Game Over Online ~ Far Cry 2

GameOver Game Reviews - Far Cry 2 (c) Ubisoft, Reviewed by - Adam Fleet

Game & Publisher Far Cry 2 (c) Ubisoft
System Requirements Xbox 360
Overall Rating 70%
Date Published Monday, November 17th, 2008 at 01:02 PM


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With just a couple months left in 2008, it’s about time to start seriously considering the annual year-end awards. So what might Far Cry 2 be up for? Game of the Year perhaps? Sorry, no. Best Shooter? Nah-ah. How about Thinnest Connection to a Franchise, Ever. Yeah, that’ll work. Swashbuckling mercenary Jack Carver? Gone. Mad science and human experiments? Axed. Heck, we even wound up on a different continent somehow. So what exactly does Far Cry 2 have in common with the original? Well, there are guns, and lots of dudes to shoot with them. But that doesn’t really qualify it as a sequel, does it? Apparently it does.

Erroneous claims and franchise status not withstanding, Far Cry 2 drops you directly into the middle of a civil war in an unnamed African nation as a mercenary on the trail of a notorious arms dealer known only as “The Jackal”. To get closer to your shamelessly clichéd prey you’ll have to establish yourself, and that means doing jobs for various factions. Most of them amount to approximately the same thing—go somewhere and kill, explode, or steal someone or something. For every story mission one of your buddies will present you with an alternate method of doing the job, which is always more complicated but will net better rewards in the long run, usually an upgrade to the many safe-houses you can unlock by “liberating” them from hostile forces. There are also plenty of side missions to do like hits for hire, helping your local weapons supplier take out the competition, and acting as bagman for the underground in exchange for medicine to treat your malaria. Really? Malaria as a plot device and gameplay element? Yeah, cause that’s not creepy and weird or anything.

Rather than a series of linear missions though, Far Cry 2 presents you with an incredible open world, kilometers upon kilometers of beautifully rendered African landscape. While the crafting of the world is superbly done, the tedious trekking from one mission to another is less than thrilling. Guard posts are everywhere, and no matter how many times you smash through them they just miraculously return in perfect condition with a new set of goons defending them, sometimes just minutes after you’ve passed through and blown everything to smithereens. Enemy vehicles are constant pests who predictably attack in exactly the same way every time, forcing you to fend them off and then repair your vehicle before continuing on your way. None of this is really difficult, it’s just an incessant nuisance rather than anything additive or immersive.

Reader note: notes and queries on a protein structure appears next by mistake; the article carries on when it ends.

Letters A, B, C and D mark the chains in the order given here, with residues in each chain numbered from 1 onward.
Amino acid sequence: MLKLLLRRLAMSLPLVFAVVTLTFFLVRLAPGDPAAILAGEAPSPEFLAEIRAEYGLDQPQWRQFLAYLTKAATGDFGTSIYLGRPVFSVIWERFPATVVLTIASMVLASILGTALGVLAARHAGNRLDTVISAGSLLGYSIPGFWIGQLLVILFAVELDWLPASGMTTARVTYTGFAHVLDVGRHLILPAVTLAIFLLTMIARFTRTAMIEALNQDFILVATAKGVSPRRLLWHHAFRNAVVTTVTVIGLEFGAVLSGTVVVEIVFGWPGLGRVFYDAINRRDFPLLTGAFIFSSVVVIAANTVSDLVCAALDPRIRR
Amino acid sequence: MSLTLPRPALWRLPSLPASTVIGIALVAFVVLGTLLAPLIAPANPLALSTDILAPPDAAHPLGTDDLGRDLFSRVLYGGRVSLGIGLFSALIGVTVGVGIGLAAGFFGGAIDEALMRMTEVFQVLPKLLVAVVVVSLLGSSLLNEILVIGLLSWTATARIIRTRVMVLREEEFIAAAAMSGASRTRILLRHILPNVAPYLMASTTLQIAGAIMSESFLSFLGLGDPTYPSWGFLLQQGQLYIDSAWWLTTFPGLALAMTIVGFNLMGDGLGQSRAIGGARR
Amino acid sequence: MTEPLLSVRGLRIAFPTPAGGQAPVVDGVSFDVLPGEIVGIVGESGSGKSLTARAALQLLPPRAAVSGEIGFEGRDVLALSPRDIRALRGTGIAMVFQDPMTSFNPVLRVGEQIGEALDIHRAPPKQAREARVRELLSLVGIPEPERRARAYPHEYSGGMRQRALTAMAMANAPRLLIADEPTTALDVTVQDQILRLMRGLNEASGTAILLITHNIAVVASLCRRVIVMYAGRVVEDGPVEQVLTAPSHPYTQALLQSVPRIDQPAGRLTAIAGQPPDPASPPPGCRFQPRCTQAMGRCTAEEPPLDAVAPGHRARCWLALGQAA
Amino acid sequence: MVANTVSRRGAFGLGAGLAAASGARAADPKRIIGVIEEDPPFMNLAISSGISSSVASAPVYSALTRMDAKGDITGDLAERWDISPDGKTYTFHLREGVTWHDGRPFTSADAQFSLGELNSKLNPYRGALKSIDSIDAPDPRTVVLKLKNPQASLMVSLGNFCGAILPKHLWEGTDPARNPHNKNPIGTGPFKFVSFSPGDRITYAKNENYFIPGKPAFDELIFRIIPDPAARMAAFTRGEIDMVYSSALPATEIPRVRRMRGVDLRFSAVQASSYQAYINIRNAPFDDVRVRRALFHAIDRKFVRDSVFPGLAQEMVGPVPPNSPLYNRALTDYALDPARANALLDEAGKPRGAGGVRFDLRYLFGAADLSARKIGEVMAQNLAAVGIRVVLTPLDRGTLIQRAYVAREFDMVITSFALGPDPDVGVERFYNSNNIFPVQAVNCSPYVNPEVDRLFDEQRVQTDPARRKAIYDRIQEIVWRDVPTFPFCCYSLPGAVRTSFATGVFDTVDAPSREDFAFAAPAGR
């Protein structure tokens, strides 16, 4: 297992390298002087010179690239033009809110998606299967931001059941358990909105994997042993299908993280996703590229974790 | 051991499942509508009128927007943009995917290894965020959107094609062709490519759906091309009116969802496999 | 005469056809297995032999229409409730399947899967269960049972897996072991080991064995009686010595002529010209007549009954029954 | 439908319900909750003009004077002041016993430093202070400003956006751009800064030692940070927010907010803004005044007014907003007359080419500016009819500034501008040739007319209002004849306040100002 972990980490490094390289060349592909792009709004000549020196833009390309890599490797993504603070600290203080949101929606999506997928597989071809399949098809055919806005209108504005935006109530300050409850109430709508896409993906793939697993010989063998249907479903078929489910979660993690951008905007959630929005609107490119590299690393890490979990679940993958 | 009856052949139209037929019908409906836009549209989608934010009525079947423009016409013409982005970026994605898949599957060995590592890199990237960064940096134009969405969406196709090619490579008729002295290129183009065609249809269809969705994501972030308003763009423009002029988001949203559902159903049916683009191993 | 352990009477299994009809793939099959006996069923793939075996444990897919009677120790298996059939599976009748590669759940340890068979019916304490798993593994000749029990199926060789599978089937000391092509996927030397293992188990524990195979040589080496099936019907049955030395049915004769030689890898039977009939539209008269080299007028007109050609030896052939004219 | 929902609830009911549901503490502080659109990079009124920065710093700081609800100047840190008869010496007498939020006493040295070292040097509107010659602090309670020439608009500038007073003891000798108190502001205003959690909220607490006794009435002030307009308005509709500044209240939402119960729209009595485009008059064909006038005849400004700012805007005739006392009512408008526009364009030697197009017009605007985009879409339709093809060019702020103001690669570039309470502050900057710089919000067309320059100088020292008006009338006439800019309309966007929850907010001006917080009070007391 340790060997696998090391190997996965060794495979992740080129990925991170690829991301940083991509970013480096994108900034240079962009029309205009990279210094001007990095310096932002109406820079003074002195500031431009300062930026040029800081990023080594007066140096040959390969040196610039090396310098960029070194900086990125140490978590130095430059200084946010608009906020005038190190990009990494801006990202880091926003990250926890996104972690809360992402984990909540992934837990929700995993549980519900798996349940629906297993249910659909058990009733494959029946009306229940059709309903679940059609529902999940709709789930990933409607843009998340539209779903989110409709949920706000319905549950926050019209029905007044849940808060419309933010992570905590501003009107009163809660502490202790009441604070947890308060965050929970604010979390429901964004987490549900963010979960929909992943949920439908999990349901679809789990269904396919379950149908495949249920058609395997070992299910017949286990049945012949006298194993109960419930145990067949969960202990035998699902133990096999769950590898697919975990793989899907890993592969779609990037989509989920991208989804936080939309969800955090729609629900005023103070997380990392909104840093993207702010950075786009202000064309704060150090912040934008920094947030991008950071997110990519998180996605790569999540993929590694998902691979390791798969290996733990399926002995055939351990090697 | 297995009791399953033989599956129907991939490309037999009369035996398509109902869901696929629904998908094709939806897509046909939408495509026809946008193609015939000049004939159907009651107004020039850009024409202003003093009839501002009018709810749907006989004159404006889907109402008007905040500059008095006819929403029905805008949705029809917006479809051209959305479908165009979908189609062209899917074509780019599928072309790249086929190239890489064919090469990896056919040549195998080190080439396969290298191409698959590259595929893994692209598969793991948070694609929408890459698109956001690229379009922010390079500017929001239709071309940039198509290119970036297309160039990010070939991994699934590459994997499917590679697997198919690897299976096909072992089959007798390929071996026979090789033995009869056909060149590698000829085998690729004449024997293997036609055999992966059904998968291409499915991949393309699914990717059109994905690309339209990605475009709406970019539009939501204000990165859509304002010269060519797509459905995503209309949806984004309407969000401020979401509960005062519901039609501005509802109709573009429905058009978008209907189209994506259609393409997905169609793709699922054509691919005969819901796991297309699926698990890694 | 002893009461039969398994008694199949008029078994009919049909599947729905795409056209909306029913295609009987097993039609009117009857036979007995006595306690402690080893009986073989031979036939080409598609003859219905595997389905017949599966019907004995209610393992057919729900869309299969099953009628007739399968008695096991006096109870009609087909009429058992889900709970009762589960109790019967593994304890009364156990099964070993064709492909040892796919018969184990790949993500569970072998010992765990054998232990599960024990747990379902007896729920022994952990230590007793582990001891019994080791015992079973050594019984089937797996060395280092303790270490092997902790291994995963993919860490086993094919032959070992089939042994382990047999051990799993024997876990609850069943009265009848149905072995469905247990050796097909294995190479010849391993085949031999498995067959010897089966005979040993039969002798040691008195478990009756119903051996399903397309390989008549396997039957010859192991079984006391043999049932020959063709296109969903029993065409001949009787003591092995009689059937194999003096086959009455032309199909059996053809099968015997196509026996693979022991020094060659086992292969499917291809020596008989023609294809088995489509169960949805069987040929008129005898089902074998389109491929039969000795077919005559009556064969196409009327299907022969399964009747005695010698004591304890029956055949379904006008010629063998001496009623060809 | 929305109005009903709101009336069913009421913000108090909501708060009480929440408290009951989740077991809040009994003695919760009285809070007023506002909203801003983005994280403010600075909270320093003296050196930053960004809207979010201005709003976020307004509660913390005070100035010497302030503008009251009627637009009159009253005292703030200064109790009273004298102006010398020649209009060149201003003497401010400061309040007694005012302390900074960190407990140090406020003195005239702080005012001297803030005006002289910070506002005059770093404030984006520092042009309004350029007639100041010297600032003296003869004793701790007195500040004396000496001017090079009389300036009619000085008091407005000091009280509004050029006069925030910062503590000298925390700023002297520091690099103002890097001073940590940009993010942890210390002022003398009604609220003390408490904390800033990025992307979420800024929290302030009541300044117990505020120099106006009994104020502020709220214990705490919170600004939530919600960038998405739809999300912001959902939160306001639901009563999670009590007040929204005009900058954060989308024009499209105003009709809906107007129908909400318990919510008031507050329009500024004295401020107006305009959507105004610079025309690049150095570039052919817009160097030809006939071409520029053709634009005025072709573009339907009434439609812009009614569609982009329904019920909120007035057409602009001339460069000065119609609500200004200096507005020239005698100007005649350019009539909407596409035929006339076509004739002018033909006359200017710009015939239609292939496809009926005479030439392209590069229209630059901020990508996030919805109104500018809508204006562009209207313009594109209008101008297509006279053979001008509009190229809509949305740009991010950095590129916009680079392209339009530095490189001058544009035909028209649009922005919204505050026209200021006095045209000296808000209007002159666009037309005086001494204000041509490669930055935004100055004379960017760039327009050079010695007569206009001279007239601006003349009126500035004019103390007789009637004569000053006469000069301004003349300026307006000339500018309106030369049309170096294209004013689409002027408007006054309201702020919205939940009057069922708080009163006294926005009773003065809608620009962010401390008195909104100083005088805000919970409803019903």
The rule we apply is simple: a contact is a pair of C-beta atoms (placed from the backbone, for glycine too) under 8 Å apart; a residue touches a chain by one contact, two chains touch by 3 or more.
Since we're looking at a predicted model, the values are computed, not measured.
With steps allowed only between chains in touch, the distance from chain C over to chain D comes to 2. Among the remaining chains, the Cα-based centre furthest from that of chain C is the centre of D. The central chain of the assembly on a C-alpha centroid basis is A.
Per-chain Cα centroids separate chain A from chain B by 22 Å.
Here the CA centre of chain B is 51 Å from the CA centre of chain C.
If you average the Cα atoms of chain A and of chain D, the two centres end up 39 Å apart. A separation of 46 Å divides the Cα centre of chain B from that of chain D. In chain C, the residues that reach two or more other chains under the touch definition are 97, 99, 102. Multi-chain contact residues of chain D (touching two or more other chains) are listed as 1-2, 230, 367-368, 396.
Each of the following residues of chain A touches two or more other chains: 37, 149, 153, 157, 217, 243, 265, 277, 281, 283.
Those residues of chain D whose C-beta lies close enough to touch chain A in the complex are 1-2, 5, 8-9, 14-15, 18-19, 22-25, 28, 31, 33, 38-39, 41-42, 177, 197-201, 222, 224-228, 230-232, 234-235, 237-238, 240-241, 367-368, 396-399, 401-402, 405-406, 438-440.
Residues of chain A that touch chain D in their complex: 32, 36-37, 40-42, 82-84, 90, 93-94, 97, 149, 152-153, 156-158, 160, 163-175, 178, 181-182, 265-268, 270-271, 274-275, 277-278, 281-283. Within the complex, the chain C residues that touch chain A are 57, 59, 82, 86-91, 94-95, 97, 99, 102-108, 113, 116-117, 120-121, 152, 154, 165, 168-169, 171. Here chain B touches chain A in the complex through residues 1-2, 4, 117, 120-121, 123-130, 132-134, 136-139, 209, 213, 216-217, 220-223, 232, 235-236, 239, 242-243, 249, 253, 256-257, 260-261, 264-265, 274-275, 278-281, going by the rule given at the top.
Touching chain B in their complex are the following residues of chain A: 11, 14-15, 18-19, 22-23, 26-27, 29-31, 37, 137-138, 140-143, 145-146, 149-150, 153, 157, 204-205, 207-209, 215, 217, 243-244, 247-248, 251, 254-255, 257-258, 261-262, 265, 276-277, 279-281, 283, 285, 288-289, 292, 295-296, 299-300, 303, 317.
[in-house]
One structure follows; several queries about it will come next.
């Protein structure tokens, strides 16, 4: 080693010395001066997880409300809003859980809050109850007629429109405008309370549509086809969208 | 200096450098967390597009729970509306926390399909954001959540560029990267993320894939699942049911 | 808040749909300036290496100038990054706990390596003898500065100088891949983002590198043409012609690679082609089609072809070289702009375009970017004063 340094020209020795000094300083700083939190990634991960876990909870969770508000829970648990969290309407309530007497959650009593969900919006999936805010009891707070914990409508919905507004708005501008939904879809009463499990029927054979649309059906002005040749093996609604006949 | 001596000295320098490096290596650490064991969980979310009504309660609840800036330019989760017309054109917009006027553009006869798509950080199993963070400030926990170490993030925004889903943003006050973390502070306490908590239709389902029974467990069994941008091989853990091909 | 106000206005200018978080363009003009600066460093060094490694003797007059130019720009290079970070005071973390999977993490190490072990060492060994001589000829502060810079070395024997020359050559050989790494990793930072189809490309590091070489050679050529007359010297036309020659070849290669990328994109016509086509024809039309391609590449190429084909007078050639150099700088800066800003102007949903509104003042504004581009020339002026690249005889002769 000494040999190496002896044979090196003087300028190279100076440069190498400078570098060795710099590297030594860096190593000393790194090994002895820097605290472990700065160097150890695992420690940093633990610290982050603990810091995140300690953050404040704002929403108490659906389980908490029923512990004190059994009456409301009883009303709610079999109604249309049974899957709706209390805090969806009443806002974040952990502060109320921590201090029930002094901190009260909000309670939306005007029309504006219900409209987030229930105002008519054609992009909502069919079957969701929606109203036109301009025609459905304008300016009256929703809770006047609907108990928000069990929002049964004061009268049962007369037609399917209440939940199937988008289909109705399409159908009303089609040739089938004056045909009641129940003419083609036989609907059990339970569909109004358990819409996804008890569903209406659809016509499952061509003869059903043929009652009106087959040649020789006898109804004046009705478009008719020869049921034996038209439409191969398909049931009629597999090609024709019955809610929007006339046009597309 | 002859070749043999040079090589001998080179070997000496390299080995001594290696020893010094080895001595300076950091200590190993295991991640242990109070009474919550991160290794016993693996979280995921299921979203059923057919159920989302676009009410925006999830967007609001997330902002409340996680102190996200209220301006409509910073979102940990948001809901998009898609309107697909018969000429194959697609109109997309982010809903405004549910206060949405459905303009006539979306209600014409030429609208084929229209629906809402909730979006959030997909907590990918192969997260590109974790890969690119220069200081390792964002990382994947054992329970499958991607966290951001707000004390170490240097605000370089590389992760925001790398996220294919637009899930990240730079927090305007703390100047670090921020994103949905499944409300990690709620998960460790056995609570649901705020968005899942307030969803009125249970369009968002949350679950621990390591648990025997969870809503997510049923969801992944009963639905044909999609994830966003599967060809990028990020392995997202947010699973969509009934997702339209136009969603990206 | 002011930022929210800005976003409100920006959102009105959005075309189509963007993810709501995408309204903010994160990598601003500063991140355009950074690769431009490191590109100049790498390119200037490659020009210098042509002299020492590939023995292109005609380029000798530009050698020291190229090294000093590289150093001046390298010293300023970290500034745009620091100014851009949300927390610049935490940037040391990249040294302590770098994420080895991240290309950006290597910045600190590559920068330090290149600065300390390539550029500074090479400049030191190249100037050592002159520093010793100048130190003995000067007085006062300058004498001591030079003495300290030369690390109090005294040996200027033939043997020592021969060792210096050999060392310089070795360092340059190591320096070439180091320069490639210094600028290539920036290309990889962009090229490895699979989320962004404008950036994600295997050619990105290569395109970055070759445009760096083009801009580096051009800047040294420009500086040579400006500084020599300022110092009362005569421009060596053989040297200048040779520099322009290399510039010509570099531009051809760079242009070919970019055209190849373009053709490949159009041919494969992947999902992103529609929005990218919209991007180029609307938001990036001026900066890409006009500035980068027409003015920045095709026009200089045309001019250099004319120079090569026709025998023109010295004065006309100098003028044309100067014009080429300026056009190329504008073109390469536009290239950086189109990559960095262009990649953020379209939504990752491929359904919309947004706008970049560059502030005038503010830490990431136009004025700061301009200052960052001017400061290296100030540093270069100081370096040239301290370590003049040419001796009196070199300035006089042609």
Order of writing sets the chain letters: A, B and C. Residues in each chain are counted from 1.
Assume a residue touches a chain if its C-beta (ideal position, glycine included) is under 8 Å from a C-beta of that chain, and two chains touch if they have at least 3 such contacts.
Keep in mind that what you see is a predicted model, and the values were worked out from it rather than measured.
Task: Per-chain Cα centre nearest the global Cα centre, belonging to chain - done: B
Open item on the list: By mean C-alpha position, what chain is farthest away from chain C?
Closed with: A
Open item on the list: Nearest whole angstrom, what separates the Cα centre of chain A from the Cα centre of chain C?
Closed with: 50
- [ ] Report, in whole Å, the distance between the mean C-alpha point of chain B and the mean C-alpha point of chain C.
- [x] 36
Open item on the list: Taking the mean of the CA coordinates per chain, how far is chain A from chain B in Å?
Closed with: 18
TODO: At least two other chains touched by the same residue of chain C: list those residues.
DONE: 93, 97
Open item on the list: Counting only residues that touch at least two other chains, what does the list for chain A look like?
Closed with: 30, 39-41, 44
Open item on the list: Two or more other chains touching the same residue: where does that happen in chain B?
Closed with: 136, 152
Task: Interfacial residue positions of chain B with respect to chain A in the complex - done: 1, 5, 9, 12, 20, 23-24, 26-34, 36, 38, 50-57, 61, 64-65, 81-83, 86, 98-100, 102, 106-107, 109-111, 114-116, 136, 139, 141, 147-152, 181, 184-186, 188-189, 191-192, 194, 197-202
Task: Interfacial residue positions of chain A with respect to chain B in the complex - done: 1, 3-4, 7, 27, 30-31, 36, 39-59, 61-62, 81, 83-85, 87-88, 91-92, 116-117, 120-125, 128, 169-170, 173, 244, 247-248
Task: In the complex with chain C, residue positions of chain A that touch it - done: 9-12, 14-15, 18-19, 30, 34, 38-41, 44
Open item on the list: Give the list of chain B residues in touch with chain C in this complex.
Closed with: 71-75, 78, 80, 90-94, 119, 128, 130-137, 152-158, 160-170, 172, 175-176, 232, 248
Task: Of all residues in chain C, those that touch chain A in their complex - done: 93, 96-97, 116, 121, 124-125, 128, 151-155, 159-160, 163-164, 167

The unfortunate part is that when you actually get to the more meaty missions there is a lot to like about them. You’re given considerable freedom in how you attack your targets, and there is a substantial and diverse arsenal to aid you in all your mercenary endeavors. Enemies do a decent job flanking and taking cover, and everything has a really nice feel. It’s just a shame that so many obstacles have been placed in the way of enjoying these better moments. On the plus side, because the foundation of the game is pretty sound multiplayer actually ends up playing surprisingly well. Class based weapon load-outs and unlockable gear may not be the most original way to go but it gets the job done admirably here, and the robust map editor that comes with the game is just begging for a rabid modding community to run with it.

Some games grow on you the more you play them, as you get used to the little idiosyncrasies and learn to appreciate the finer points. Far Cry 2 is at the opposite end of the spectrum, a game that makes it harder and harder for you to like it by placing more and more junk between you and its best features. No doubt all done with the best of intentions, in the name of open world game design and player freedom, but that doesn’t change the result—a pretty decent shooter that forces you into tedious repetition rather than immersing you in an exciting adventure. The tools are there for an above average game, and in those moments when they all come together it can be spectacular, but there’s just too much in the way to ever really enjoy the whole package.

 

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Rating
70%
 

 

 
 

 

 

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